So, there’s a lot of information out there about how to get Bluetooth working on your Intel Edison. For example, Intel has published this incredibly 73 page document on using the Edison bluetooth. 73 pages?!
There’s also some info on the forums, but I couldn’t get any of the examples to work without significant modification. So, I’ve written my own examples here. This page contains information about Edison to Edison (or Edison to other Linux box) communication. There will be an accompanying Edison to smart phone tutorial on the way as well.
The First Connection Handshake
Before we can connect from the the Edisons directly from the command line, we need to pair these devices so that they make the handshake for the first time. Designate one Edison the “master” and the other one the “slave”. The master initiates the connection; the slave will get connected to.
So, go ahead and boot-up and log into both Edisons. The first thing is to unblock the bluetooth on both devices.
root@edison:~# rfkill unblock bluetooth
Check to make sure that this worked by listing the devices
root@edison:~# rfkill list 0: phy0: wlan Soft blocked: no Hard blocked: no 1: brcmfmac-wifi: wlan Soft blocked: no Hard blocked: no 2: bcm43xx Bluetooth: bluetooth Soft blocked: no Hard blocked: no 3: hci0: bluetooth Soft blocked: no Hard blocked: no
Next, we’ll use the command line utility bluetoothctl in order to make the preliminary pairing. You’re going to issue all the following commands on both devices until I tell you otherwise.
root@edison:~# bluetoothctl [NEW] Controller XX:XX:XX:XX:XX:XX edison [default]
When bluetoothctl starts up, your Edison Bluetooth Mac address and name will pop up (I’ve listed the XX stuff in place of mine). The bluetoothctl command help will list all the possible program commands for you.
[bluetooth]# help Available commands: list List available controllers show [ctrl] Controller information select Select default controller devices List available devices paired-devices List paired devices power <on/off> Set controller power pairable <on/off> Set controller pairable mode discoverable <on/off> Set controller discoverable mode agent <on/off/capability> Enable/disable agent with given capability default-agent Set agent as the default one scan <on/off> Scan for devices info Device information pair Pair with device trust Trust device untrust Untrust device block Block device unblock Unblock device remove Remove device connect Connect device disconnect Disconnect device version Display version quit Quit program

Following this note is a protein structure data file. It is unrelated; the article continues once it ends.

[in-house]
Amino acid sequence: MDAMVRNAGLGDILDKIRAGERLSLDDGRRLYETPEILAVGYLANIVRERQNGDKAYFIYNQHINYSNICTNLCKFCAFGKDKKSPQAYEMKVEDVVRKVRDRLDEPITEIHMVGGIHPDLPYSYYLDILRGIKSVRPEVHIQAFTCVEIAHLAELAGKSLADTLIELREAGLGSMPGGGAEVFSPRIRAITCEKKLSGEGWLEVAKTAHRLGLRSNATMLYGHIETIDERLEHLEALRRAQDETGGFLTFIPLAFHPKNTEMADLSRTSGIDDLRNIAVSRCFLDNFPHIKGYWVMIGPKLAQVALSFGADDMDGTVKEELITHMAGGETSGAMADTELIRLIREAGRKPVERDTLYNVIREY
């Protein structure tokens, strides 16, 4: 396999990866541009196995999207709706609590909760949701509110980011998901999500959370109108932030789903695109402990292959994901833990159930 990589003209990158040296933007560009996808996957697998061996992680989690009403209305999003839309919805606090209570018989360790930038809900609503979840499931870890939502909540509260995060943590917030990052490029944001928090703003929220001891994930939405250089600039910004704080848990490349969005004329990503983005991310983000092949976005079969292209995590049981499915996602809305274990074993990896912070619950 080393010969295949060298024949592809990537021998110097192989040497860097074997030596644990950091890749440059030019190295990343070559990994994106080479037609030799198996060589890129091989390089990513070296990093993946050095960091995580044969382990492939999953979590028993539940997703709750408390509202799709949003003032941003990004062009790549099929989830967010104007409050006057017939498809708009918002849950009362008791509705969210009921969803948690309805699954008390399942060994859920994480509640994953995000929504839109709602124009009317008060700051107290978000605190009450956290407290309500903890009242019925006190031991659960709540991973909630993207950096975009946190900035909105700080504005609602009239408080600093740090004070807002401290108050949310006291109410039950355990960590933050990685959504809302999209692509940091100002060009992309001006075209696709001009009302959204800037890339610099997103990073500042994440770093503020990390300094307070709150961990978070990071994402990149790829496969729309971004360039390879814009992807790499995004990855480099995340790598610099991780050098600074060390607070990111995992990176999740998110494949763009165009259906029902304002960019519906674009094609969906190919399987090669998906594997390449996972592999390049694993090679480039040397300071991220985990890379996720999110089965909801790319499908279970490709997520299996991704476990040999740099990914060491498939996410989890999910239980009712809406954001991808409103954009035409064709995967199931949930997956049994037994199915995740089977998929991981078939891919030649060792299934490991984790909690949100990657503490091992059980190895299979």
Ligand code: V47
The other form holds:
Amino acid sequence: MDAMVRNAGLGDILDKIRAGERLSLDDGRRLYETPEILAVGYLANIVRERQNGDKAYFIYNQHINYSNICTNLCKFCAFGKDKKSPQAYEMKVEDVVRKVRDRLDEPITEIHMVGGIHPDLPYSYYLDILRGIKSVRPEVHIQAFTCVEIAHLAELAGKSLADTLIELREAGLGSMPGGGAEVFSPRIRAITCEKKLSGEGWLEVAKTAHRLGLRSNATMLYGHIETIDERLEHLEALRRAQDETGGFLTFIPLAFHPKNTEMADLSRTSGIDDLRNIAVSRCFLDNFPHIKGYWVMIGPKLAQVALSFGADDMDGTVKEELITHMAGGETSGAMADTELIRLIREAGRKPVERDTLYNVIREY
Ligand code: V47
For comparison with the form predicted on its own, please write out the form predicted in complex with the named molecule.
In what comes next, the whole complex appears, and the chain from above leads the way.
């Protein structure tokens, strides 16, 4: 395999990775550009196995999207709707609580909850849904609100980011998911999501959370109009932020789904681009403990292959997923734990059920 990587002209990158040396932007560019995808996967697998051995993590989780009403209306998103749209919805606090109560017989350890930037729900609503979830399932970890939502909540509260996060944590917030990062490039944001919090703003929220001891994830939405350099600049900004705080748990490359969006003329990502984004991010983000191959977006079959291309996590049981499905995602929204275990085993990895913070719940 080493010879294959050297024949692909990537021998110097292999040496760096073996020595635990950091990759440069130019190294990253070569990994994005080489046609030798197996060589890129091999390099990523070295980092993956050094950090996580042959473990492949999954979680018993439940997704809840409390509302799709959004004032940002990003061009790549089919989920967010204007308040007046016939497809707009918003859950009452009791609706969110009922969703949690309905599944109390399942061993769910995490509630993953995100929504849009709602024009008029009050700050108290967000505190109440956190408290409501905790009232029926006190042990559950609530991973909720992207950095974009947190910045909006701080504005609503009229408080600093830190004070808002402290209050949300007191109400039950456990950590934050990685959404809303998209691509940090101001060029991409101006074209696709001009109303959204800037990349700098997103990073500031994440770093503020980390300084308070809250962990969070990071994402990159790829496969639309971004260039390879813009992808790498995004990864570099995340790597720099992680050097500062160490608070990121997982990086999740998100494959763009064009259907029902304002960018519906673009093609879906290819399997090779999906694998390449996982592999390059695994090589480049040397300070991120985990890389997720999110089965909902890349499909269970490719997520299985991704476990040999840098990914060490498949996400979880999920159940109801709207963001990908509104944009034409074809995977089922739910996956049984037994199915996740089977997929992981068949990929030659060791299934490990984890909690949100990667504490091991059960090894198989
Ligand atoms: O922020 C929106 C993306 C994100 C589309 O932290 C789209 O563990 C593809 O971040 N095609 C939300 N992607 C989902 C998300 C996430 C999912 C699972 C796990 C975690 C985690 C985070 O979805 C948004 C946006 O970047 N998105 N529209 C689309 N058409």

When the two Edisons pair for the first time, they need user interaction to validate. This means we need to create an active keyboard agent to perform the confirmation.
[bluetooth]# agent KeyboardDisplay Agent registered [bluetooth]# default-agent Default agent request successful
Now, on the slave device, change the settings so that the device is on, pairable, and discoverable. This will allow the master to “see” it and connect to it.
[bluetooth]# power on Changing power on succeeded [bluetooth]# pairable on Changing pairable on succeeded [bluetooth]# discoverable on Changing discoverable on succeeded [CHG] Controller 98:4F:EE:03:41:90 Discoverable: yes
Now, on the master side, start a scan and after a little bit of time you should see your Edison.
[bluetooth]# scan on Discovery started [CHG] Controller XX:XX:XX:XX:XX:XX Discovering: yes [NEW] Device YY:YY:YY:YY:YY:YY 5C-F9-38-D7-8F-37 [NEW] Device AA:AA:AA:AA:AA:AA Kelsey’s MacBook Air [NEW] Device BB:BB:BB:BB:BB:BB BlueZ 5.24
Once you’ve confirmed that you can see your other Edison and that it matches the Mac address you know to be true, turn the scan back off.
[bluetooth]# scan off
Go ahead and initiate the pairing from the master side:
[bluetooth]# pair AA:AA:AA:AA:AA:AA Attempting to pair with AA:AA:AA:AA:AA:AA [CHG] Device AA:AA:AA:AA:AA:AA Connected: yes Request confirmation [agent] Confirm passkey 719442 (yes/no): yes [CHG] Device AA:AA:AA:AA:AA:AA Paired: yes Pairing successful [CHG] Device AA:AA:AA:AA:AA:AA Connected: no